37031Re: [scrumdevelopment] Don’t Split A Story Into Tasks
- Mar 12, 2009Probaly we can talk months on the benefits or limitations among various estimation techniques. Actually there is no "ultimate" approach, each has its own pros and cons. By born Scrum is an empty box, providing the boundary lines only, we can put whatever we want into the box considering our own-context, BUT always by keeing the values intact.To share you my experiences, in my team, we follow both Story points (for PBLs) and hours (SBLs) estimation and it works fine for us. But to avoid any lengthy plannig session (which we know don't add value after a point), we don't find tasks and then put hours (1 hr, 2 hr etc.) - we do it in the reverse way. We agreed we will only have half-day (3 hrs) and full-day (6 hrs) tasks. So team quickly find tasks that fits the 3-hr or 6-hr buckets.The best point I see for hour estimation (for tasks) is: it really helps my team to visualize the sprint targets as team runs on 24 HOUR sprint cycle and Hr to Hr comparison is straight. I have also seen the hour based burndown chart always tells the truth about sprint health.Cheers~M N Mamun
--- On Thu, 3/12/09, Adam Sroka <adam.sroka@...> wrote:
From: Adam Sroka <adam.sroka@...>
Subject: Re: [scrumdevelopment] Don’t Split A Story Into Tasks
Date: Thursday, March 12, 2009, 10:40 AMOn Wed, Mar 11, 2009 at 9:22 PM, Sarath Kummamuru <kcsarath@gmail. com> wrote:
> Hi Adam,
> I have found a couple of sure benefits (IMO) of estimating in hours.
> 1. Estimating in hours helps the team identify tasks that are very big
> and allows them to use guidelines like break down the tasks into small units
> say 2 - 8 hours. This ensures that it avoids behavior where a team member
> just says " I will do this task, its going to take about 18 hours (3 days
> say) and then the task becomes a black box for the other team members. Using
> a guideline saying that we estimate them in hours of 2 - 8 hours ensures
> that the size of the tasks are small.
> The goal of estimating in hours is not to micro manage and say "Hey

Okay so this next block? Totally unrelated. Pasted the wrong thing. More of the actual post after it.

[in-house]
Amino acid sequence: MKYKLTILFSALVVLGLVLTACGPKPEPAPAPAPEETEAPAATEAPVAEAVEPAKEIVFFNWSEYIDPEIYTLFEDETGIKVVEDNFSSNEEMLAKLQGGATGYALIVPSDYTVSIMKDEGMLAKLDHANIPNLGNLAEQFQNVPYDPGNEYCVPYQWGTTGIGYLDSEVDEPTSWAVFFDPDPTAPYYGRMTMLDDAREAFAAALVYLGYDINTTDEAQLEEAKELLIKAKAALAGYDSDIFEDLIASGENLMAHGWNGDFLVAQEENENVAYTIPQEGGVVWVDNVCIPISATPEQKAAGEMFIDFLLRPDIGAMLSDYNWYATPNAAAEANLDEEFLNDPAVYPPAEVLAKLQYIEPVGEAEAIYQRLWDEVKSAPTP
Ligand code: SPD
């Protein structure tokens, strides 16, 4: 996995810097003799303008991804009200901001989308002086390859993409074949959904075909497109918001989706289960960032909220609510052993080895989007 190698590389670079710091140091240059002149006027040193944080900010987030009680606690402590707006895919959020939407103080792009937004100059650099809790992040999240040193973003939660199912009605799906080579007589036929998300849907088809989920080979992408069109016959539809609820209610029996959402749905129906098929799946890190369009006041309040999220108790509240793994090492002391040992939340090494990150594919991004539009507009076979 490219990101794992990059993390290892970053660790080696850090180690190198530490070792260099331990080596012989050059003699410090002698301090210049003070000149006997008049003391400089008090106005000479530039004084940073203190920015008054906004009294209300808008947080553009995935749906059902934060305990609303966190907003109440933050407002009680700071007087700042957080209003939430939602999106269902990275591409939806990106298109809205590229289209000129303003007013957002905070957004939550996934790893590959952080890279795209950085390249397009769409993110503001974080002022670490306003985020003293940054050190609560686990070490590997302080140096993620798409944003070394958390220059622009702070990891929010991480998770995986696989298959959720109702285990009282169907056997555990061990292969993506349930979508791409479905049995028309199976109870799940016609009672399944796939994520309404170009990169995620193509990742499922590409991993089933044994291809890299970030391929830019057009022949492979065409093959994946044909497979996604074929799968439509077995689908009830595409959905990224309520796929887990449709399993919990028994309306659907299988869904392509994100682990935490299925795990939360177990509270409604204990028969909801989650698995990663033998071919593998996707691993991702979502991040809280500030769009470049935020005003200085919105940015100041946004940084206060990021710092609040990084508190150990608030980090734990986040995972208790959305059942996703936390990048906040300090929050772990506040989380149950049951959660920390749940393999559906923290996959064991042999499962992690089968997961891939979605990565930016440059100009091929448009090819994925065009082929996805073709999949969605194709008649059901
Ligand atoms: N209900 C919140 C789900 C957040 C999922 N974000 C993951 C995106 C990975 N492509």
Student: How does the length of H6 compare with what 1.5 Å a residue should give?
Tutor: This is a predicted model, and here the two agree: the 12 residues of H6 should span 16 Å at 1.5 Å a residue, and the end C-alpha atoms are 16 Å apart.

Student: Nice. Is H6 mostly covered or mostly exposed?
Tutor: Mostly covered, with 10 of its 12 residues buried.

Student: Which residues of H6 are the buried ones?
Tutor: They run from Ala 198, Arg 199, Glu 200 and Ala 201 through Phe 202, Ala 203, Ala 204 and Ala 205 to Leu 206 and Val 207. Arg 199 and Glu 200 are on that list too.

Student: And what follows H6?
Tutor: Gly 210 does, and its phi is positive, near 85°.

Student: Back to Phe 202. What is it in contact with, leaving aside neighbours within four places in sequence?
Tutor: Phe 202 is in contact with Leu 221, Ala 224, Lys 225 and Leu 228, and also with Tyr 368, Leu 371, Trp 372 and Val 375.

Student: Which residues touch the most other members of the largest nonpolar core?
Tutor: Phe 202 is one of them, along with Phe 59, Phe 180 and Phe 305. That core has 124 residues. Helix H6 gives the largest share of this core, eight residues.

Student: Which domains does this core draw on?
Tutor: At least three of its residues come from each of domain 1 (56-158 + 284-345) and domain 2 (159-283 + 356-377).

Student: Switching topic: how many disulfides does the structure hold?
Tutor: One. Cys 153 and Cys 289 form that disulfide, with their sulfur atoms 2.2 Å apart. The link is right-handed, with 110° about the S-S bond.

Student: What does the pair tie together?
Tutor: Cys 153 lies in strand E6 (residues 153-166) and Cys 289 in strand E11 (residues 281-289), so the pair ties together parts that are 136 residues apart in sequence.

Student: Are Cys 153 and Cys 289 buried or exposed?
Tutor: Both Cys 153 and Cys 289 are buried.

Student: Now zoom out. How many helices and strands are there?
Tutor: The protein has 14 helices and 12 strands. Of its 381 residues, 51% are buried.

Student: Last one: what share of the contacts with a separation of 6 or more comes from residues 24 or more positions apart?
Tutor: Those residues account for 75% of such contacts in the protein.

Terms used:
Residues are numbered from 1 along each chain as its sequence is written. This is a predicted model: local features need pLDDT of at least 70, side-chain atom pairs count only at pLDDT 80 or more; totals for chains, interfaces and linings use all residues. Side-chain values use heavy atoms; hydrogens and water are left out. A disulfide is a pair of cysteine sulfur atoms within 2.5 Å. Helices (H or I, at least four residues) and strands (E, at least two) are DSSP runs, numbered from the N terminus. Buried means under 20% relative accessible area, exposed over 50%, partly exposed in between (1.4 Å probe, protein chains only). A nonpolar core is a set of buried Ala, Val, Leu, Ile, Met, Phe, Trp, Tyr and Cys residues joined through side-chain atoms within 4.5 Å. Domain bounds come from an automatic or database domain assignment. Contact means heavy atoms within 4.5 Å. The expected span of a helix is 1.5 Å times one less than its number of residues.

> buddy you said you are going to get done in 2 hours why is it not done?".
> But more for the team member to come back in the daily scrum and say "Hey
> guys i thought this task would be about 2 hours, but it took longer because
> of these reasons, etc".
Maybe it is because we sit together, and we pair program, but the idea
that someone would go off and work on something for three days and it
would be a "black box" is completely foreign to me. If that were
possible, how would estimating smaller help? Smaller black boxes
doesn't sound like an improvement.
> One practice I strongly advocate is that people should be free to
> pick up any task they want from the board. So if lets say i estimated a
> middle tier task for about 4 hours (since i am a typical middle tier guy) if
> some one else wants to pick it up during the course of the sprint, they can
> actually get to me, discuss and say "Hey sarath i would like to do this
> task, you estimated it at 4 hours, can you guide me/Pair with me on getting
> the task done".
Definitely. We want anyone to do any task they feel they are able to.
Ownership is counterproductive in an Agile environment.
> 2. Estimating hours for tasks during the sprint planning session (at the
> start of a sprint) ensures that the whole team has a perspective of the
> distance to travel and keep an eye on how they are going with the Sprint
> Burndown chart. I have a huge loyalty to the Sprint Burndown and tracking
> the distance to the end of the sprint in terms of the initial estimated
> number of hours.
I suppose I am presuming that there is some discussion during the
planning session where we all agree what things we are going to get
done this iteration. In the course of that discussion we should
develop a shared understanding of what needs to be done. I'm just not
sure how the concept of ideal-hours helps in that process.
> There are a few other suggestions that have been discussed in this
> group like total number of test cases that have succeeded for each task,
> etc. But i find task estimate in hours works best.
I'm not sure that any sort of number really helps. I have mentioned
that I like to list acceptance criteria, and that those criteria are
the basis of acceptance tests. However, I don't count them. Once
again, I am only interested in a general consensus about the effort
involved and whether that effort fits in the iteration or not.
> the challenge though is for the team to realize that these are not
> commitments but estimates and should drive discussion and strategies to get
> the tasks done rather than be used as a micro management tool over each team
Agreed. But, to take that a step further, if we aren't going to use
hours to micro-manage what are we going to use them for? Is there
anything that we need to do that we can't do without them? And if so
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